Best Practices: Compliance – Be Diligent and Redundant Part 1 of a 3 Part Series
Right now, the LCB is occupies with processing new licenses applications and with integrating Washington’s medical marijuana businesses into I-502. As the market stabilizes, the LCB will place more and more emphasis on enforcement and compliance. In addition, the federal government will not sit on the sidelines forever. Local Department of Justice prosecutors have been given their enforcement priorities, and rest assured the DOJ will begin to exercise them. Producers, processors and retailers must remain vigilant to ensure their operations do not implicate any of the 8 enforcement priorities outlined in the memos issued by Deputy Attorney General James Cole, lest you find yourself in a federal courthouse.
Here are some keys to avoiding LCB fines and suspensions, and more importantly, staying out of federal prison:
- Be Diligent and redundant in your compliance efforts.
- Catch your errors before the LCB does, or worse yet, the DOJ does. Conduct periodic compliance assessments of your operations, including secret shoppers. For objectivity, hire a third party compliance company to conduct regular on-site assessments. Be sure to record the results and document how and when deficiencies are corrected.
- Designate one of your employees as your Compliance Officer/Manager who takes responsibility for knowing I-502’s requirements. Make sure this person is property trained in I-502’s requirements, and be sure to give this person appropriate authority to take action when he/she finds items that need to be corrected.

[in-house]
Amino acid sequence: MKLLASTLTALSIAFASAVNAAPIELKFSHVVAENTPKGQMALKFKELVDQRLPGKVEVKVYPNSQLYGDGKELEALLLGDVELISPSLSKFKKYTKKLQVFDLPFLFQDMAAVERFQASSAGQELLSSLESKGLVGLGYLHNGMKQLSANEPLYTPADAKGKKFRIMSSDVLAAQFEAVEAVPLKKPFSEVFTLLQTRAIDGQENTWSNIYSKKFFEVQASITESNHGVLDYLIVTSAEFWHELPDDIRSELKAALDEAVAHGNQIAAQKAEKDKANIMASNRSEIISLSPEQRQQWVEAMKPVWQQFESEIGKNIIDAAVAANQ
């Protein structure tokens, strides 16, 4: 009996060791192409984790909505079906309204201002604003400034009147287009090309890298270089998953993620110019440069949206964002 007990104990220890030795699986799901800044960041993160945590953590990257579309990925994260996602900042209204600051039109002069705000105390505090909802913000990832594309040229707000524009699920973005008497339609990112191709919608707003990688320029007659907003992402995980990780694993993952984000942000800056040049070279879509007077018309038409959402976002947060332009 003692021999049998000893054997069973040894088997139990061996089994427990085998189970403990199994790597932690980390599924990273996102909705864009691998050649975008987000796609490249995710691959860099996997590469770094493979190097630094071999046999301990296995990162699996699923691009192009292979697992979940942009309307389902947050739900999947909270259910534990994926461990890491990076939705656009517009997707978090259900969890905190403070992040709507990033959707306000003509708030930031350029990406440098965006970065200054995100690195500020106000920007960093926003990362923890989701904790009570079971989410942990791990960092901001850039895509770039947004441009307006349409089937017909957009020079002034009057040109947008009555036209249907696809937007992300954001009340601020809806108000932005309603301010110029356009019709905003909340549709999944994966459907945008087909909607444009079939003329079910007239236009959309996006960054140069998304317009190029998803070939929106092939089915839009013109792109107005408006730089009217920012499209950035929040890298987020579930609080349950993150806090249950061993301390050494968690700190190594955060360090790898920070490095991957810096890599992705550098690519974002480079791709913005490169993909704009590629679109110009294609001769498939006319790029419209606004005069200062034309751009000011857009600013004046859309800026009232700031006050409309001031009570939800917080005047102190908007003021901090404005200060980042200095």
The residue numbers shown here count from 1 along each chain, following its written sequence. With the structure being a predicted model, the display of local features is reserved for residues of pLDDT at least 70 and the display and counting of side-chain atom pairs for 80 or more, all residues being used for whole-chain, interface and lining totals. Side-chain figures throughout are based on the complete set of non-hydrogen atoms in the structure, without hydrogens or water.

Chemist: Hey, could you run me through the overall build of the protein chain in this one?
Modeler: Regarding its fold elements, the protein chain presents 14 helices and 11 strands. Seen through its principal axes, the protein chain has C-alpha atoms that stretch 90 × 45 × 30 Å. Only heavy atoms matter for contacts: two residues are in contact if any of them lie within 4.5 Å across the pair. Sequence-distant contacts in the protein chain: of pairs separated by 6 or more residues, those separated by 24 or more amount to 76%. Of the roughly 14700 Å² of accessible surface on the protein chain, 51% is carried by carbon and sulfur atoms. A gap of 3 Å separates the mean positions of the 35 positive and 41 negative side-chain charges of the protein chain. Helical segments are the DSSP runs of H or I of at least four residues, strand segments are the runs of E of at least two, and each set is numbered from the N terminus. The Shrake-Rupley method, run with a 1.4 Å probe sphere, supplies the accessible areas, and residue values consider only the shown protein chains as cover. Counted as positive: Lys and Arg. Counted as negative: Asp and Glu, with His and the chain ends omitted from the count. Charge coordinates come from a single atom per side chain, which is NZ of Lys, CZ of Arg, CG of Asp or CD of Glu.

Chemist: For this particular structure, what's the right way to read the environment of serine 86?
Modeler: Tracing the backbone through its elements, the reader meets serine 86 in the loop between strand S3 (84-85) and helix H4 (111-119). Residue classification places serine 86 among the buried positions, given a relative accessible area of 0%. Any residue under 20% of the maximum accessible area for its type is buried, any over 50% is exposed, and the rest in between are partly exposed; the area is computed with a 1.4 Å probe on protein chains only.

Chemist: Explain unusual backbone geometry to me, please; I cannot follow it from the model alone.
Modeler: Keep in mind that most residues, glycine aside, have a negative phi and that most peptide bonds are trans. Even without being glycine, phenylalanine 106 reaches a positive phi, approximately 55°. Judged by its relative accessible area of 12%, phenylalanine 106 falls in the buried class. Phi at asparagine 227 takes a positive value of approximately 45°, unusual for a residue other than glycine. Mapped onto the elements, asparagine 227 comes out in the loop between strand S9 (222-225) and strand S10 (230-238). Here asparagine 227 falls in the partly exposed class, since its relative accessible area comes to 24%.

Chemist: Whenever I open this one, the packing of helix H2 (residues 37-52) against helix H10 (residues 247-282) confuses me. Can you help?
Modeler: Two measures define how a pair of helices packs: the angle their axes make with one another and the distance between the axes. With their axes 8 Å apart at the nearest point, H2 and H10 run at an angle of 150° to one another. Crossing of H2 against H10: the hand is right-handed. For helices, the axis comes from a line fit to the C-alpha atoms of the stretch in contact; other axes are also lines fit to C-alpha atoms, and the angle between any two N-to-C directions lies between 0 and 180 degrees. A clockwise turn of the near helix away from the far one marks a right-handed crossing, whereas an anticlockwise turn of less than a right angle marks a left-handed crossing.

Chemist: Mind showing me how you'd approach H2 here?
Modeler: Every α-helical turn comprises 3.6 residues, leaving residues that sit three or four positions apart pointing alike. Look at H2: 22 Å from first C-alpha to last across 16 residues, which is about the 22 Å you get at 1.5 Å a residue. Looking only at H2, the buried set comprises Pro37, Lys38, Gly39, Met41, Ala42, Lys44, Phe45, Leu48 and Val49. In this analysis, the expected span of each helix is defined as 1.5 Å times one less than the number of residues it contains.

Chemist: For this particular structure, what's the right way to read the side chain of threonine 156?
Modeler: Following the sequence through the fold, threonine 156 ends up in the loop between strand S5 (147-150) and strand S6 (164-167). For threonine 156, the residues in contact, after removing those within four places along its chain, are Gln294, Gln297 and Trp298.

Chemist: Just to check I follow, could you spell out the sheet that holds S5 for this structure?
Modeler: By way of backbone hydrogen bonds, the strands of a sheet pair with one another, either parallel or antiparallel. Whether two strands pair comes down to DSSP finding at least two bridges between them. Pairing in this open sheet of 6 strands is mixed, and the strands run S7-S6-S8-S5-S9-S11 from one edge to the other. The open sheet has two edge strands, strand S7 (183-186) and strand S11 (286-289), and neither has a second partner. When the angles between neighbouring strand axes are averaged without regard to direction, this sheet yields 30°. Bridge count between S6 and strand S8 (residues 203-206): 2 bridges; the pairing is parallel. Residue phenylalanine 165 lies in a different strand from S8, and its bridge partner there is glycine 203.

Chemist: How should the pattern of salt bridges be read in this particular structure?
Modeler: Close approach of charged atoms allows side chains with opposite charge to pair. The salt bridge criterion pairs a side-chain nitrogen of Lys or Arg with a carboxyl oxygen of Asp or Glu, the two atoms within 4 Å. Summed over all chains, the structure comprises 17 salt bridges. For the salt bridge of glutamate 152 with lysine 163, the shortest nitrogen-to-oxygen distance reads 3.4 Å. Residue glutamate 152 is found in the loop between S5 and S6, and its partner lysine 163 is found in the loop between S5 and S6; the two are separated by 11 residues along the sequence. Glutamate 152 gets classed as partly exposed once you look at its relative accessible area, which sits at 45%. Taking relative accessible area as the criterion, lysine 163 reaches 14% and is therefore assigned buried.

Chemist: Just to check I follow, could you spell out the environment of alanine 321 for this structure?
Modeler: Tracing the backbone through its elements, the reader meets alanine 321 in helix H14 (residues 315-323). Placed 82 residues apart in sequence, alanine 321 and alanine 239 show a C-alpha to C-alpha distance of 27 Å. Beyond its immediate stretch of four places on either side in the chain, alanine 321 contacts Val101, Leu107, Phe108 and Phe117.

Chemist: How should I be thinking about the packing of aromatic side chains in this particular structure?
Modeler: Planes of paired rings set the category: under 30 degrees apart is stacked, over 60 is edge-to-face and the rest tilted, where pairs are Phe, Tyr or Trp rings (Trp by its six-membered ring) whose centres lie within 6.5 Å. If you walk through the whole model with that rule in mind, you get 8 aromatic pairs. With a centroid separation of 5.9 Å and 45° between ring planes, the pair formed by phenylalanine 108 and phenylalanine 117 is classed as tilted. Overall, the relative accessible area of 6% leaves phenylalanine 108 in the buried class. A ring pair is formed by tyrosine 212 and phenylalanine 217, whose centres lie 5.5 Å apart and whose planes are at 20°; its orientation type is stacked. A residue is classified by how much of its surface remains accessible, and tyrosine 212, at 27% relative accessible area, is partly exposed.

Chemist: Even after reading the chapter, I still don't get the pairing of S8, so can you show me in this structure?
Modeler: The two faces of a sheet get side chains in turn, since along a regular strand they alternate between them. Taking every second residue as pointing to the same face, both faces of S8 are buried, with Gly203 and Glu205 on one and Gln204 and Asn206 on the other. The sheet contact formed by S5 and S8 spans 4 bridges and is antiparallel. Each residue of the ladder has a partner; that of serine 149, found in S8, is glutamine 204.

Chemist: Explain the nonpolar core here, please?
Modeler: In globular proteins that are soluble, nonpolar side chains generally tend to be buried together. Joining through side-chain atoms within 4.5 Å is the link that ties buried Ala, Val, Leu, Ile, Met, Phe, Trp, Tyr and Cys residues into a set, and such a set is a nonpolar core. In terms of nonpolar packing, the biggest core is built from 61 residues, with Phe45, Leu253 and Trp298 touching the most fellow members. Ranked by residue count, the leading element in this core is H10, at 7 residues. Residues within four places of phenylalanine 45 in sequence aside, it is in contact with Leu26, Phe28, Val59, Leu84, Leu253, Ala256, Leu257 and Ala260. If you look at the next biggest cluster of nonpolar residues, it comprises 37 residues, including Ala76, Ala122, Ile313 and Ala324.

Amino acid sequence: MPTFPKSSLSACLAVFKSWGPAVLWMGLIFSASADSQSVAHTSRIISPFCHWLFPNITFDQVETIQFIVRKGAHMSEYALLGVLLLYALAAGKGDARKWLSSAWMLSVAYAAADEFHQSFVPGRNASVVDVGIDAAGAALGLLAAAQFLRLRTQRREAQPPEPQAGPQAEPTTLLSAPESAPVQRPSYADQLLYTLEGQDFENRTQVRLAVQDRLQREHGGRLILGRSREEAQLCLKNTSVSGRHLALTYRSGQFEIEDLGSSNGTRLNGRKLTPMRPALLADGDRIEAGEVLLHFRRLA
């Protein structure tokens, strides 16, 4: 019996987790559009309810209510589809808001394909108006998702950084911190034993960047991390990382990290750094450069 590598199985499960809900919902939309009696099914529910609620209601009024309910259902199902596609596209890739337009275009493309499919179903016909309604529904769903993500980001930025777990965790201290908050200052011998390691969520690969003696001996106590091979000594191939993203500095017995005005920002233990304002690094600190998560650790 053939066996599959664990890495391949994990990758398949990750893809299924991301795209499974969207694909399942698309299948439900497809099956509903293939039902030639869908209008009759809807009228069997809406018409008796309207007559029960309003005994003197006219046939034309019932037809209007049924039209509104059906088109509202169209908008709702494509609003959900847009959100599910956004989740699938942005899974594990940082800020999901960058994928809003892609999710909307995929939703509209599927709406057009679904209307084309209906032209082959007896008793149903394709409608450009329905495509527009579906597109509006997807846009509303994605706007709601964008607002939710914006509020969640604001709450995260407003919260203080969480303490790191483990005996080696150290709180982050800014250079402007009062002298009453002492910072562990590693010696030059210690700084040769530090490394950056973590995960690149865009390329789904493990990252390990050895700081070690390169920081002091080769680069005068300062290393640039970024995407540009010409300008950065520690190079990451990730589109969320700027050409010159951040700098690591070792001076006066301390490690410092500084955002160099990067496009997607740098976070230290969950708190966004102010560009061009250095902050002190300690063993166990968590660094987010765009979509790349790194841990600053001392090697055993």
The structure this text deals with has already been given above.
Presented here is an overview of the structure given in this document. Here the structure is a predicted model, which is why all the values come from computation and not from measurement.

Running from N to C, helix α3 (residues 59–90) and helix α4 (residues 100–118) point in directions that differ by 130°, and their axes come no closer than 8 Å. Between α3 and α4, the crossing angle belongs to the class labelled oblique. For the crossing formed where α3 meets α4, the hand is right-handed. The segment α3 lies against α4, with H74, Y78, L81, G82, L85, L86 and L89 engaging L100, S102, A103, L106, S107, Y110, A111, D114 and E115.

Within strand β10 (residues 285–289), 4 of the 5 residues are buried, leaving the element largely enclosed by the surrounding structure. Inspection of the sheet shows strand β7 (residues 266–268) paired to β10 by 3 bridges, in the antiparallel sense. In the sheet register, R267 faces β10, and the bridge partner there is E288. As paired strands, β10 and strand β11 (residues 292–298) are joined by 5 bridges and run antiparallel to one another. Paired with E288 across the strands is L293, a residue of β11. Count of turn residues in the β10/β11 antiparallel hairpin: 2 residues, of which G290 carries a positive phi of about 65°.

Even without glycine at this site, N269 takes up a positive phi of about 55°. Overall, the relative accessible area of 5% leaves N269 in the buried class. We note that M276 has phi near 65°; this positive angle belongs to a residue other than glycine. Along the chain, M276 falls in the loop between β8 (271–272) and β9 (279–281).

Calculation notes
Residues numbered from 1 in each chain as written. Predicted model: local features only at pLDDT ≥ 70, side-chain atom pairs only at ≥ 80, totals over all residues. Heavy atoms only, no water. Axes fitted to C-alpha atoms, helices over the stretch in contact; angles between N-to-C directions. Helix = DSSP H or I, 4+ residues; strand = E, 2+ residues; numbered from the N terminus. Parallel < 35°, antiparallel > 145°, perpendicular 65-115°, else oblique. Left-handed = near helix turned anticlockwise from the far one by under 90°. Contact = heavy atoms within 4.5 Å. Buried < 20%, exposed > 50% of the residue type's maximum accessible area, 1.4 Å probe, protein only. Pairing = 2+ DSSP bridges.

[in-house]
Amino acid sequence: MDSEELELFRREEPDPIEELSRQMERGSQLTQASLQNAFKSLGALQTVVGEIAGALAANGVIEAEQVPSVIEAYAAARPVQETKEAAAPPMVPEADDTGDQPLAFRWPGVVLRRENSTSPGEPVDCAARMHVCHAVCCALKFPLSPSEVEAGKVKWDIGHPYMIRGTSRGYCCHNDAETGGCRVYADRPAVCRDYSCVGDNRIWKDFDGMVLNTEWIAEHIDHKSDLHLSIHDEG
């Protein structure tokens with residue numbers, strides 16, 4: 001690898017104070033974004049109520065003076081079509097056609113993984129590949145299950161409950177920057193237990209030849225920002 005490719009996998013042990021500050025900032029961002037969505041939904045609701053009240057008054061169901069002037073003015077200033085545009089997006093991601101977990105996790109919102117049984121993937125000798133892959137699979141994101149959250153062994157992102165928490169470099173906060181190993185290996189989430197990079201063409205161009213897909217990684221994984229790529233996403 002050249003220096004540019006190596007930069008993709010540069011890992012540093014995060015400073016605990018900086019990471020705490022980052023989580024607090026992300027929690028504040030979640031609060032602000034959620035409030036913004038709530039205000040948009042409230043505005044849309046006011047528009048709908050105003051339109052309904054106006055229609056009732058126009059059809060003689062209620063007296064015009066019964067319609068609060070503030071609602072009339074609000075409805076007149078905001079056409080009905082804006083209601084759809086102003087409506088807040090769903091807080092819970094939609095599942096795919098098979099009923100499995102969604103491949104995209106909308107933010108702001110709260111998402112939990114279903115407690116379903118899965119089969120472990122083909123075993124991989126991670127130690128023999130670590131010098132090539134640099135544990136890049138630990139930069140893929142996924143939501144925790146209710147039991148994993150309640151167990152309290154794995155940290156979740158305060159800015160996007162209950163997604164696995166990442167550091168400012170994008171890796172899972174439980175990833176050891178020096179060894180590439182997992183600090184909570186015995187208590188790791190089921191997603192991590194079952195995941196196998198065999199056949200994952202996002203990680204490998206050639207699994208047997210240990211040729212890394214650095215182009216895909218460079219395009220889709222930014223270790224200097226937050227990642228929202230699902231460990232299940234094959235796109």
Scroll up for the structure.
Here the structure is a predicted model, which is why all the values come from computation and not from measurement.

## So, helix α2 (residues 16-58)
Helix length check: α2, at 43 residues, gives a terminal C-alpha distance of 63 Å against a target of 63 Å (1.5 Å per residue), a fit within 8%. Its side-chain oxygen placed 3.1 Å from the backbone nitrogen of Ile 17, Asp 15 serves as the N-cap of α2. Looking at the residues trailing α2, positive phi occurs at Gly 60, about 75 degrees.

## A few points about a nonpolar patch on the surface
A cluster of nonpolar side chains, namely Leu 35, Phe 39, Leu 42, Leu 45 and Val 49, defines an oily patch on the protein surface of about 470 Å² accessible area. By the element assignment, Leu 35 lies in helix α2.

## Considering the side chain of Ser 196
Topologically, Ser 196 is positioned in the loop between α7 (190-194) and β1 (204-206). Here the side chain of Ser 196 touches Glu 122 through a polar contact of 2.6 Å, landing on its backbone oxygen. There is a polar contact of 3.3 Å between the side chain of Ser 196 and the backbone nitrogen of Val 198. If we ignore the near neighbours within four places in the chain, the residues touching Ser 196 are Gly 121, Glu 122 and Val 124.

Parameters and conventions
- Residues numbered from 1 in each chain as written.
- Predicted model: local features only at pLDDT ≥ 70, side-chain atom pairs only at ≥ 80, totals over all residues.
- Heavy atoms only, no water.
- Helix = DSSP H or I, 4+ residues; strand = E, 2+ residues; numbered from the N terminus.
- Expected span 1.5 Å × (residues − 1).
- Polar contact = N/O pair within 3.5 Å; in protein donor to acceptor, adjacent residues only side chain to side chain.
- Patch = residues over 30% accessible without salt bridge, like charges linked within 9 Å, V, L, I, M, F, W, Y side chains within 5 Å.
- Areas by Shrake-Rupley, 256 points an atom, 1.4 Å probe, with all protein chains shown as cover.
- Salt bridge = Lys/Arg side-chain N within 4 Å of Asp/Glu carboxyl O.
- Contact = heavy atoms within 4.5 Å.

Keep your I-502 License file up to date – if there are changes to ownership, etc., let the LCB know.
Attention all stoners and college dropouts! It may be time to head back into the classroom and pursue an education in marijuana studies! Is it no wonder that with more than six universities offering pot related classes that students are lining up to fill the classrooms and funny enough, they are never late to class?
With Washington, Colorado, Oregon and now Alaska, leading the way in legalizing recreational marijuana, there now exists an obvious conflict between state and federal laws and an obvious void in its regulation. A nebulous area has been created which will now lead to the proposal of new laws and the clarification of existing ones. It is likely that these will not be the last states to move in this direction and as such, the need for reform and regulations in the legal system is paramount.
Harvard University has a class called Tax Planning for Marijuana Dealers, the University of Denver has a class on Representing the Marijuana Client and the Moritz College of Law at Ohio State has a class on Marijuana Law, Policy and Reform. Students will have the benefit of looking into the policies and politics in those states that are at the forefront of legalization. Interesting enough, casebooks and textbooks are just now being written for use in the classroom. With the state of the law in flux and new developments in the field occurring at rapid speed students can participate in and have an influence on the direction of these course studies.
Also, lawyers with expertise in cannabis law will be needed in the next few years in order to ‘weed’ out all of the new issues and policies in the marijuana industry.
The current generation has an opportunity to be involved in the regulatory process for recreational marijuana. So why not grab your spirals and pencils and head back to school?